This allows the orchid seed, which has no nutrient reserves, to obtain the necessary nutrients directly from the fungi and to form a proto corm, an embryonic structure is unique, consisting of a mass of cells that are not found in other flowering plants.
After facilitating germination, the colonizing fungal symbiont subsequently nourishes the seedling and especially in the case of epiphytic and parasitic non-photosynthetic orchids, the fungal interaction often persists in transferring nutrients and minerals to the fully developed orchid.
It is not clear how the fungi benefit from this interaction. The orchid apparently controls and regulates the time and degree of fungal association, presumably providing sufficient reason you have fungi to colonize and re-associate to the plant often over a seasonal cycle.
The charisma of orchids and their biology have fascinated many botanists as well as the general public, and many hybrid varieties are widely cultivated.
This passion has inspired intrepid harvests and generated hundreds of orchid societies and clubs around the world, generating a global growing sector worth $9 billion a year.
Every year 3000-4000 new hybrid names are entered into the International Orchid Register. Most cultivars are tropical or sub-tropical.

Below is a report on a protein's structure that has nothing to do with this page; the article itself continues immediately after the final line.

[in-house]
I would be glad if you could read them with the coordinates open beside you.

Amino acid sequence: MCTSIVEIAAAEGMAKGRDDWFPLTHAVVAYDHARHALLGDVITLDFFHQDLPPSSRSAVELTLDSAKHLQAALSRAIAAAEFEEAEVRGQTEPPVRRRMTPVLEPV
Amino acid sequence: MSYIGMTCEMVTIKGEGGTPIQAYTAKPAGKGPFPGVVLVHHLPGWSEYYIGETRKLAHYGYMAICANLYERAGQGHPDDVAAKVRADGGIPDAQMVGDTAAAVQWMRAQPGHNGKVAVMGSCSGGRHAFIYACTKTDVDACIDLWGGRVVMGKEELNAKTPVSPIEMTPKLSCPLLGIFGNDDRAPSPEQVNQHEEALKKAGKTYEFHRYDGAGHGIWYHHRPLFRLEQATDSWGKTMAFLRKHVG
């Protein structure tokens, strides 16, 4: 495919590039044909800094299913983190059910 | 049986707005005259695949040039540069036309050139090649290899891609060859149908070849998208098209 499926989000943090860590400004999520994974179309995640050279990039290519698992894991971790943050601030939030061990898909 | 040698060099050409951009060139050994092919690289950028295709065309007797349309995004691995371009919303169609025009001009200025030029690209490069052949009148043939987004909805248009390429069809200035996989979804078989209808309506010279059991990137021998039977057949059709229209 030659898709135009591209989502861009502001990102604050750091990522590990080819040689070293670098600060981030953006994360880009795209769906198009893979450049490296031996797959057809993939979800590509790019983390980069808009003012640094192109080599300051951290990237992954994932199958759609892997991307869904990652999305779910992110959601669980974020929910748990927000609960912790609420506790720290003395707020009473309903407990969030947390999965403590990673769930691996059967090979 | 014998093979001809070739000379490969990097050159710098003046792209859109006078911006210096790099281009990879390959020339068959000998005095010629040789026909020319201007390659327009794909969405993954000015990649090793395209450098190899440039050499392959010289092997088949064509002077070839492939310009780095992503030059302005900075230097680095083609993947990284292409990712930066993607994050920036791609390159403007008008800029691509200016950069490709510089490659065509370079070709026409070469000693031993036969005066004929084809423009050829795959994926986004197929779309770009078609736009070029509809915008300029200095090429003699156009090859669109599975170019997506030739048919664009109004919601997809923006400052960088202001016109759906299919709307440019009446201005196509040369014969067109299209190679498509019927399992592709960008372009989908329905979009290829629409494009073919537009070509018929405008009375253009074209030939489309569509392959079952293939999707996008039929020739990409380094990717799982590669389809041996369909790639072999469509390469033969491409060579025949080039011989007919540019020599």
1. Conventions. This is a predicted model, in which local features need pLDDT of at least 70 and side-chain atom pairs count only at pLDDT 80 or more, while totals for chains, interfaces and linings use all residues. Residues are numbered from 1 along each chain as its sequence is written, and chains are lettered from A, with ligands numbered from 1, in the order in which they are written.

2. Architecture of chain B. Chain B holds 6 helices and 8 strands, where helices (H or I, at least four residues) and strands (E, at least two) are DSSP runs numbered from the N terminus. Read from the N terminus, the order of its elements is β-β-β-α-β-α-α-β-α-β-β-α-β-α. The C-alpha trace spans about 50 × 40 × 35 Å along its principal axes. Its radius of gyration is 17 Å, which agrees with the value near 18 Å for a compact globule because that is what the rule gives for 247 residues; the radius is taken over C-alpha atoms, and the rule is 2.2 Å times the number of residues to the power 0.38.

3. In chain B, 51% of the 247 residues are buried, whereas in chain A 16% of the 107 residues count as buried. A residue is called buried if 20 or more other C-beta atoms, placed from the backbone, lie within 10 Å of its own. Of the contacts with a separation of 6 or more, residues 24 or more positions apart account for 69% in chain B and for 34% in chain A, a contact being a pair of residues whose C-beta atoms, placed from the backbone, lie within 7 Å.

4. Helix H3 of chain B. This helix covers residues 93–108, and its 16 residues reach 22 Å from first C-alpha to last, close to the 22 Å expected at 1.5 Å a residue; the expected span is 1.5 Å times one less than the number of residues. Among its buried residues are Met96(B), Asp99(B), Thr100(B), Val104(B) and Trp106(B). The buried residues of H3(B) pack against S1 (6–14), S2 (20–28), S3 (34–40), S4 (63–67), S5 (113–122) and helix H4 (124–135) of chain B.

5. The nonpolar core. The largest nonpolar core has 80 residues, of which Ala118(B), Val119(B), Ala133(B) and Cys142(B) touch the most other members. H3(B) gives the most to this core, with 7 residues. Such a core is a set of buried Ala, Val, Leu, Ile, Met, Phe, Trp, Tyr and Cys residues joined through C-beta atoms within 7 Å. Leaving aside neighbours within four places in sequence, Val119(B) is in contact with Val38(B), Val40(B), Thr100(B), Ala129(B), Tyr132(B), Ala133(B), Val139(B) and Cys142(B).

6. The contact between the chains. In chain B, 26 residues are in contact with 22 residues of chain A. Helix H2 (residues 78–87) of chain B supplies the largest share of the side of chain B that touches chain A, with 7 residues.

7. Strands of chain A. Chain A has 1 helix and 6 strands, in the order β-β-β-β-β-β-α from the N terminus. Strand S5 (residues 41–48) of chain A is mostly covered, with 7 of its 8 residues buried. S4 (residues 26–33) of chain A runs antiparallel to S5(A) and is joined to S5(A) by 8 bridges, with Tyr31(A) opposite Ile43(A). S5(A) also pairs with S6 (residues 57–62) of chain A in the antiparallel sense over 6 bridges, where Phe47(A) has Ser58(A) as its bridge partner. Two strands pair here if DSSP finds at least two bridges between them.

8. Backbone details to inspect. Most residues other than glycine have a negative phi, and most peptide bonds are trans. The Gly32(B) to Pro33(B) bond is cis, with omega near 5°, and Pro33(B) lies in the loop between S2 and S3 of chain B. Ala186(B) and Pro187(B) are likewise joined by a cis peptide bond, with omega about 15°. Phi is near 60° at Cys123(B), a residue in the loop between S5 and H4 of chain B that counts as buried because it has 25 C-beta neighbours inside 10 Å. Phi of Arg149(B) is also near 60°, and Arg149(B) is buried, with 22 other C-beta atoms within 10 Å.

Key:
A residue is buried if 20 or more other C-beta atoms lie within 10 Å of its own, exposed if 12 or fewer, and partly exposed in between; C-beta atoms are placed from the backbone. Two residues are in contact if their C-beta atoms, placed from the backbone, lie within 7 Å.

Many orchid species are threatened in the wild due to overharvesting and habitat degradation.
In addition to providing considerable botanical interest, some orchids have food uses. Vanilla, for example, is a commercially important and widely used aroma extracted from dried pods of several species of the genus Vanilla; commercially grown vanilla requires manual pollination of the flower, making it one of the most expensive spices in the world.
Some orchids produce edible tubers; Australian desert and forest orchids, for example, are historically eaten by aborigines. Orchids also have ancient origins in traditional medicine in many cultures, including Chinese medicine.
How To Care For Orchids: General Indications